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Warning: If you believe in Santa do not read this update from Ofsted

Warning: If you believe in Santa do not read this update from Ofsted

It has been revealed that as part of Ofsted’s new framework, all Christmases will now be observed for 15 minutes after which they will be judged outstanding, good or requiring improvement.

For a Christmas to be judged as outstanding, the following criteria must be met:

The objective of the day must be clearly displayed on all gifts, mince pies and cracker jokes. Before any present opening can occur, all family members must write down the objective and what they already know about it.

An example objective might be, “be nice to each other”. This will need differentiating so that those members of the family who have issues with “being nice” have more achievable goals and those who find it easy are given a more challenging target. By the end of Christmas:

All family members will have spent at least 10 minutes “being nice” to each other.

Most family members will have “been nice” during all festive meals..

By the end of festivities, progress against the objective must be measured. This can be achieved via a written assessment, individual interviews or deep questioning; questions should be pre-planned and scaled according to difficulty.

Family members may opt for peer assessment but only if this does not risk inducing behaviour that is not in keeping with the day’s objective.

At the heart of the EIF is the new ‘quality of Christmas’ judgement, the purpose of which is to put a single conversation about Christmas at the centre of inspection. This conversation draws together:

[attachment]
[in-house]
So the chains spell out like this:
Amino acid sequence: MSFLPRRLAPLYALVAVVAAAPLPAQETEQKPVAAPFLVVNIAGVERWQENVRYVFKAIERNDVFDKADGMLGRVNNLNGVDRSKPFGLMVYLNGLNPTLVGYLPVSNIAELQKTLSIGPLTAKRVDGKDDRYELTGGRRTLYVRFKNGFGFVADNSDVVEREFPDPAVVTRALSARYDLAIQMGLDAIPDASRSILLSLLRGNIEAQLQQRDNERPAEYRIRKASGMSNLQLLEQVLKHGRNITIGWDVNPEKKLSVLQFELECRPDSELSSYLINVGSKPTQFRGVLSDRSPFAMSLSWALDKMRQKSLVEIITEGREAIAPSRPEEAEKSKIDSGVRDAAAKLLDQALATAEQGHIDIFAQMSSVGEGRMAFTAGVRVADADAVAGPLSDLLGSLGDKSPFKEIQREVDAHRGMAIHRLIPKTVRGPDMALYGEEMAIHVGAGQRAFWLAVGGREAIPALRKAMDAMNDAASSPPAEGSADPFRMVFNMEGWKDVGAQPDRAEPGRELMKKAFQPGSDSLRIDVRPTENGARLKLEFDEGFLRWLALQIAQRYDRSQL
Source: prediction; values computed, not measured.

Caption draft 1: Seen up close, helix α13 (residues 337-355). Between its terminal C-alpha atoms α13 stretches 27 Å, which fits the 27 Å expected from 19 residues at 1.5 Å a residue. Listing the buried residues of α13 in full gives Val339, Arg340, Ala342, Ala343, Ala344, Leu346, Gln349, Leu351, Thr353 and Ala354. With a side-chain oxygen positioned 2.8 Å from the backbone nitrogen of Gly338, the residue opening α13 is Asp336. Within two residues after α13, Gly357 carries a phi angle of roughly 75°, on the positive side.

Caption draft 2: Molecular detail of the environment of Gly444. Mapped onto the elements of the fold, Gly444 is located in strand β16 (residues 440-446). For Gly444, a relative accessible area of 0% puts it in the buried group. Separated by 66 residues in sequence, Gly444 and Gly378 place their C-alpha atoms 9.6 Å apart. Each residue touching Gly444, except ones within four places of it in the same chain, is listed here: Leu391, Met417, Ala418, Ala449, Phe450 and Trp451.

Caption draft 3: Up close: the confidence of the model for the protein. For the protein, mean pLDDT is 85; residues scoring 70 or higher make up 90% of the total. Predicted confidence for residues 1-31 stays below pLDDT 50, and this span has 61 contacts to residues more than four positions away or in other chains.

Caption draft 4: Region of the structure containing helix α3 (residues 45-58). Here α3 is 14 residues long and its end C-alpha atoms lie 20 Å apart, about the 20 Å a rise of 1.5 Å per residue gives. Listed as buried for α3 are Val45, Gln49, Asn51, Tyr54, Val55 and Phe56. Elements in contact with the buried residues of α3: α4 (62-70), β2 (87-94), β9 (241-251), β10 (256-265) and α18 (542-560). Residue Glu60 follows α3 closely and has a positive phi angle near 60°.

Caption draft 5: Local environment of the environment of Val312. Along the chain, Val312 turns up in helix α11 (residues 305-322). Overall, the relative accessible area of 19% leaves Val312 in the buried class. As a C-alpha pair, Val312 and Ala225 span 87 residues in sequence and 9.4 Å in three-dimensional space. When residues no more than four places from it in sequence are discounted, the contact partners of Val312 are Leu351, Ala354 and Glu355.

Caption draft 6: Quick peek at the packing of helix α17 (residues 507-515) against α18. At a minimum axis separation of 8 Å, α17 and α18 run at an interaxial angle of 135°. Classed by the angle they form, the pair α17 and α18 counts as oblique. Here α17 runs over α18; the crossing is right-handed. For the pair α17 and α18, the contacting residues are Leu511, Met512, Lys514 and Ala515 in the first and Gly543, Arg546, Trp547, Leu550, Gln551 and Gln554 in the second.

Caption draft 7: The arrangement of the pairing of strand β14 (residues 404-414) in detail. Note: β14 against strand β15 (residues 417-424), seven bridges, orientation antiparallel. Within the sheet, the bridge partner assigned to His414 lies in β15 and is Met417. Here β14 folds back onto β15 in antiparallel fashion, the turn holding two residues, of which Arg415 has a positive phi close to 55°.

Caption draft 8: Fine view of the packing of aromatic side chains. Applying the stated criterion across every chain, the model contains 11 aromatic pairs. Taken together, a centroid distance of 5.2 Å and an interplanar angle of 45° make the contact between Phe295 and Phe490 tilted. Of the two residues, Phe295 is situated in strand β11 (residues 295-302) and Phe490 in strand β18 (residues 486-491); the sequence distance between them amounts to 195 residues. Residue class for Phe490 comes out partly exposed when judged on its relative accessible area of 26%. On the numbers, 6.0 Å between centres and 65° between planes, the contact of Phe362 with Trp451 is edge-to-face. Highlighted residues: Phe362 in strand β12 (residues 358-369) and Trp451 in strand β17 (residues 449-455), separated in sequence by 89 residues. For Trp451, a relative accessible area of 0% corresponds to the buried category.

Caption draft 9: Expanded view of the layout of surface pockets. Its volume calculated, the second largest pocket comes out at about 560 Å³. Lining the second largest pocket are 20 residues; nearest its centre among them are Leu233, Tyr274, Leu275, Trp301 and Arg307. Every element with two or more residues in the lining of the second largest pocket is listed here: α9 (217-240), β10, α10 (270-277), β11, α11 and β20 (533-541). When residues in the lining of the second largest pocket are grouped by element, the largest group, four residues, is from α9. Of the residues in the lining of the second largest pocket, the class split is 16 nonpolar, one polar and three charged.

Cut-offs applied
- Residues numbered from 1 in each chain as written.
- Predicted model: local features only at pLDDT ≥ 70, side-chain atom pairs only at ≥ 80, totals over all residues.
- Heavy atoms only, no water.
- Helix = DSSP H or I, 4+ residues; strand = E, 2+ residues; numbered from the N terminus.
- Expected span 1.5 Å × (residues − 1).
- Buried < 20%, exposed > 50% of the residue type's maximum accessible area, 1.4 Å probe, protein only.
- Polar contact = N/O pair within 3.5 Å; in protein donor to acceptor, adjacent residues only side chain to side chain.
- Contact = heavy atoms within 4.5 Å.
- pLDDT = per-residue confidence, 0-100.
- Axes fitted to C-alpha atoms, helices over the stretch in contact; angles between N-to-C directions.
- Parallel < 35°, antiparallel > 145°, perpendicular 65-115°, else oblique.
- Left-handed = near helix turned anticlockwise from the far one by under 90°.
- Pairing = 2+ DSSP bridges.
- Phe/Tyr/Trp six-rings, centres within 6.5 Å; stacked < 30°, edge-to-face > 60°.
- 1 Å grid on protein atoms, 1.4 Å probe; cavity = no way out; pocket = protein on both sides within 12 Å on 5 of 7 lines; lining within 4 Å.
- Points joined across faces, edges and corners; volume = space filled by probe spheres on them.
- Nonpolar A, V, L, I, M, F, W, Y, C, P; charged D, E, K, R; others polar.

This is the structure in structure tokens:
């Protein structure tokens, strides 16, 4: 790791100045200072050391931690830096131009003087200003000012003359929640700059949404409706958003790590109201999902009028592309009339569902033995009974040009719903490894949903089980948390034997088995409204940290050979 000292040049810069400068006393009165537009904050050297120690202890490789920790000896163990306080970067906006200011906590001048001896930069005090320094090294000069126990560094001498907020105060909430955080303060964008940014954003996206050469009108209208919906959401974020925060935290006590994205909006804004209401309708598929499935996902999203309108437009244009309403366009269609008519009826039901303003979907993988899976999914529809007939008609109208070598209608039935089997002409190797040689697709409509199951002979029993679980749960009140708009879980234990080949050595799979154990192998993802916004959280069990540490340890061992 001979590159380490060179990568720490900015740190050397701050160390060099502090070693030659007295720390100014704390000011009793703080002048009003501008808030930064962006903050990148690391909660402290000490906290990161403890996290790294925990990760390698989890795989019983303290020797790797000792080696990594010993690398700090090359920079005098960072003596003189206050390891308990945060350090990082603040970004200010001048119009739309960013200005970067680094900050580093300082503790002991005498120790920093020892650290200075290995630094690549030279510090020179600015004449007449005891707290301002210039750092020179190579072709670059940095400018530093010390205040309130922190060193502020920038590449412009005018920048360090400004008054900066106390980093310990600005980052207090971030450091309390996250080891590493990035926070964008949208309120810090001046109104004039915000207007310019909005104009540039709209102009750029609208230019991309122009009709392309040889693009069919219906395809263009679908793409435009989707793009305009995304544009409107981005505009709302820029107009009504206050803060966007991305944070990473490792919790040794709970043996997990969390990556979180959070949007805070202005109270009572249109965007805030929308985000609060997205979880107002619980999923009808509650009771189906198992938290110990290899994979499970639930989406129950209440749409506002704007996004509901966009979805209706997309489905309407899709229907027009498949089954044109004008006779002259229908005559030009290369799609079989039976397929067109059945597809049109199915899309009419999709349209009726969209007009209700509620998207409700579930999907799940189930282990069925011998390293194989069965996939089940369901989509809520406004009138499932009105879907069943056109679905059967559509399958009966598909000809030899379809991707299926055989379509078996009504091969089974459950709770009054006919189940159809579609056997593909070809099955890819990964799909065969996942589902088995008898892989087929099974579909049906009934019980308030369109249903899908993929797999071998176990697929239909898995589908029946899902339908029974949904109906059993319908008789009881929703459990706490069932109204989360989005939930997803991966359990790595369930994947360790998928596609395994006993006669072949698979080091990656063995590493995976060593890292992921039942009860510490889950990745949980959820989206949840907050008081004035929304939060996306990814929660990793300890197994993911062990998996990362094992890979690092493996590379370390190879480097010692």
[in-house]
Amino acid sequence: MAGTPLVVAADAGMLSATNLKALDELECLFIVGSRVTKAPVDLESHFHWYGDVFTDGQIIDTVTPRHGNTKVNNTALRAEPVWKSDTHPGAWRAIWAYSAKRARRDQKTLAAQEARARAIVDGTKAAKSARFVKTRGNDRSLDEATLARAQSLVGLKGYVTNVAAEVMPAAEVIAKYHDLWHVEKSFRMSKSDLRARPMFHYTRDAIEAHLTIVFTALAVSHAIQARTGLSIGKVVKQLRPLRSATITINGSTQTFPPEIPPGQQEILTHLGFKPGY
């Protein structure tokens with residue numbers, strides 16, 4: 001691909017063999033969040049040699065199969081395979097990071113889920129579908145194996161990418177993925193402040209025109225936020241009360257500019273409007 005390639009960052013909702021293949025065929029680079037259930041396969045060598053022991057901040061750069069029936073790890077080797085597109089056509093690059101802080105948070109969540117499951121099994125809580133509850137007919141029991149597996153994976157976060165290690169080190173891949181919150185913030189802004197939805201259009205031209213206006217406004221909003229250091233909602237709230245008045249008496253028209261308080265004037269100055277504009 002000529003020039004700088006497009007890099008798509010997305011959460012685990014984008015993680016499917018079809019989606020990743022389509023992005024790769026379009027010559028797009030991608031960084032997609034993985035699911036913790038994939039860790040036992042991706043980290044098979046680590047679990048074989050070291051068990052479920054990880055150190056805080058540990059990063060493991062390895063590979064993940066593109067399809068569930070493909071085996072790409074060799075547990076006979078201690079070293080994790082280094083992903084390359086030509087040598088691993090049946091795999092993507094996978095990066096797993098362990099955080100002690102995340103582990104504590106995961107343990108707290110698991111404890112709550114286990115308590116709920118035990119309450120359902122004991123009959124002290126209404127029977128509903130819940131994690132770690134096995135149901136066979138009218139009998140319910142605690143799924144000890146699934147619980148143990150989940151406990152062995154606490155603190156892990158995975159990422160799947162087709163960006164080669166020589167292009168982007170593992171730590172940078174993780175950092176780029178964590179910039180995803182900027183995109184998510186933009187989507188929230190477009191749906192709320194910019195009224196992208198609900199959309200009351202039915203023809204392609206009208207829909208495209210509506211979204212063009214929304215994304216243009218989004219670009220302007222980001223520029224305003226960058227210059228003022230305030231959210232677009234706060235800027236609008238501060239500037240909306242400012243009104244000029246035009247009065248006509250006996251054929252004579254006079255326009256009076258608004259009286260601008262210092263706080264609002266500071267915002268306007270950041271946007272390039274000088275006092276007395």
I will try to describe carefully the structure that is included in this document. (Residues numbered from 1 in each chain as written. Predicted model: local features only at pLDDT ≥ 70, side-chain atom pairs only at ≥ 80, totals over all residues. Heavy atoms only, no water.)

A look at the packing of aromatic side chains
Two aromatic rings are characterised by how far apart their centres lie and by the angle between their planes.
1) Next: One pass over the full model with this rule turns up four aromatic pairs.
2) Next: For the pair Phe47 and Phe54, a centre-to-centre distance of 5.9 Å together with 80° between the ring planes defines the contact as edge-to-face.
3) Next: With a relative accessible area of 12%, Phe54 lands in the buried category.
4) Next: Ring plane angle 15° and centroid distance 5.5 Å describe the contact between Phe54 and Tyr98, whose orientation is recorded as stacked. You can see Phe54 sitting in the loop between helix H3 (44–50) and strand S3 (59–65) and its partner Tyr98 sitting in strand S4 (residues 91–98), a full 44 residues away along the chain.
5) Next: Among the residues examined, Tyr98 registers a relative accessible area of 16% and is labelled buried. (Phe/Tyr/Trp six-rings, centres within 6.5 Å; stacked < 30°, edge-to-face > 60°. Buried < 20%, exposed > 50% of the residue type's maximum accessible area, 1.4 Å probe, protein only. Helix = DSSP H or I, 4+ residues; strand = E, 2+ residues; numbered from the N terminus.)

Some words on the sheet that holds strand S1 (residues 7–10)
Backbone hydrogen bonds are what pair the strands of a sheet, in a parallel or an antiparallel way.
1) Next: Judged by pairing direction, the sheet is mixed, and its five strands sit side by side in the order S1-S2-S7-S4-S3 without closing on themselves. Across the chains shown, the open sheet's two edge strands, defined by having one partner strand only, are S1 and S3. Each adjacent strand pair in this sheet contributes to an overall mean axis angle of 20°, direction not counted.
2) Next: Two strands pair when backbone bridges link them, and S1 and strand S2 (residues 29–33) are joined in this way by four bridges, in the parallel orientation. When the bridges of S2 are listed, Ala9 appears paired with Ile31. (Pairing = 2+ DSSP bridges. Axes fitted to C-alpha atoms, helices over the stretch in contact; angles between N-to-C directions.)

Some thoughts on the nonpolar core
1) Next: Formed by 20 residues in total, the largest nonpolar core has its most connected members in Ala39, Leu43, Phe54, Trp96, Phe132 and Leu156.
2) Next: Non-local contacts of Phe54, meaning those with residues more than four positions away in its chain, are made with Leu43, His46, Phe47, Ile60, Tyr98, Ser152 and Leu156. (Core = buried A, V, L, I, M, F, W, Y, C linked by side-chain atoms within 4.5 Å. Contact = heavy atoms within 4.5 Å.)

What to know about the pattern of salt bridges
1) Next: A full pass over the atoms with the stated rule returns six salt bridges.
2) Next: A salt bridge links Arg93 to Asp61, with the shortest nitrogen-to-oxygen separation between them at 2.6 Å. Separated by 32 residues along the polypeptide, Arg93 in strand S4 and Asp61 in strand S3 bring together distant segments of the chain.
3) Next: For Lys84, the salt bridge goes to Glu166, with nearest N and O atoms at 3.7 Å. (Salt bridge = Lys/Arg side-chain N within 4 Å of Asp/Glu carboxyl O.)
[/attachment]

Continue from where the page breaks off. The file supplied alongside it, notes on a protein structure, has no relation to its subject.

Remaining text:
*standards of decorations

*brightness of glitter

*sprout feedback

*quality of wrapping.

The framework also states that by New Year’s Eve, all Christmas marking and assessment must be responded to in writing. This can be in the form of thank you letters but may be a single written comment. For example, “You are right, I should not have eaten the entire contents of my sister’s selection box just before lunch. Next year I will hide it until Boxing Day.”

Opportunities must be presented for numeracy challenges. For example, if the Christmas cook has had one glass of wine an hour and the turkey needs to cook for three hours, how many people will be needed to keep them on their feet as they make the gravy?

Opportunities must be presented to make progress against literacy too. For example, if you focus on speech marks it might be a good idea to encourage all family members to make a “speech mark” gesture with their fingers every time they talk. An alternative gesture could be selected for those who prefer to grunt, although grunting may not fit in with the Christmas objective of being nice.

Christmases that fail to meet the required standard will be placed in “Xmas Measures”. They will (within six months or so) be allocated a Super Santa to guide them into becoming a new type of Christmas: an “Xmas”. Smiling throughout this process will be discouraged.

WARNING: Next year’s Christmas requirements will be completely different, you will be notified of the changes on Christmas Eve and expected to act accordingly.


Mike Hodgkiss

Mike Hodgkiss has 36 years teaching experience in the secondary sector, twenty years as a deputy head in an 11-18 comprehensive school in Essex. He was a governor of a primary school for several years. He has led and coordinated training for staff in many aspects of teaching, learning and leadership not just in this country but in Europe too. He has written for EuroSchoolNet on international and citizenship projects and for ASCL's leadership magazine. He is currently editor of @Teachtalks.

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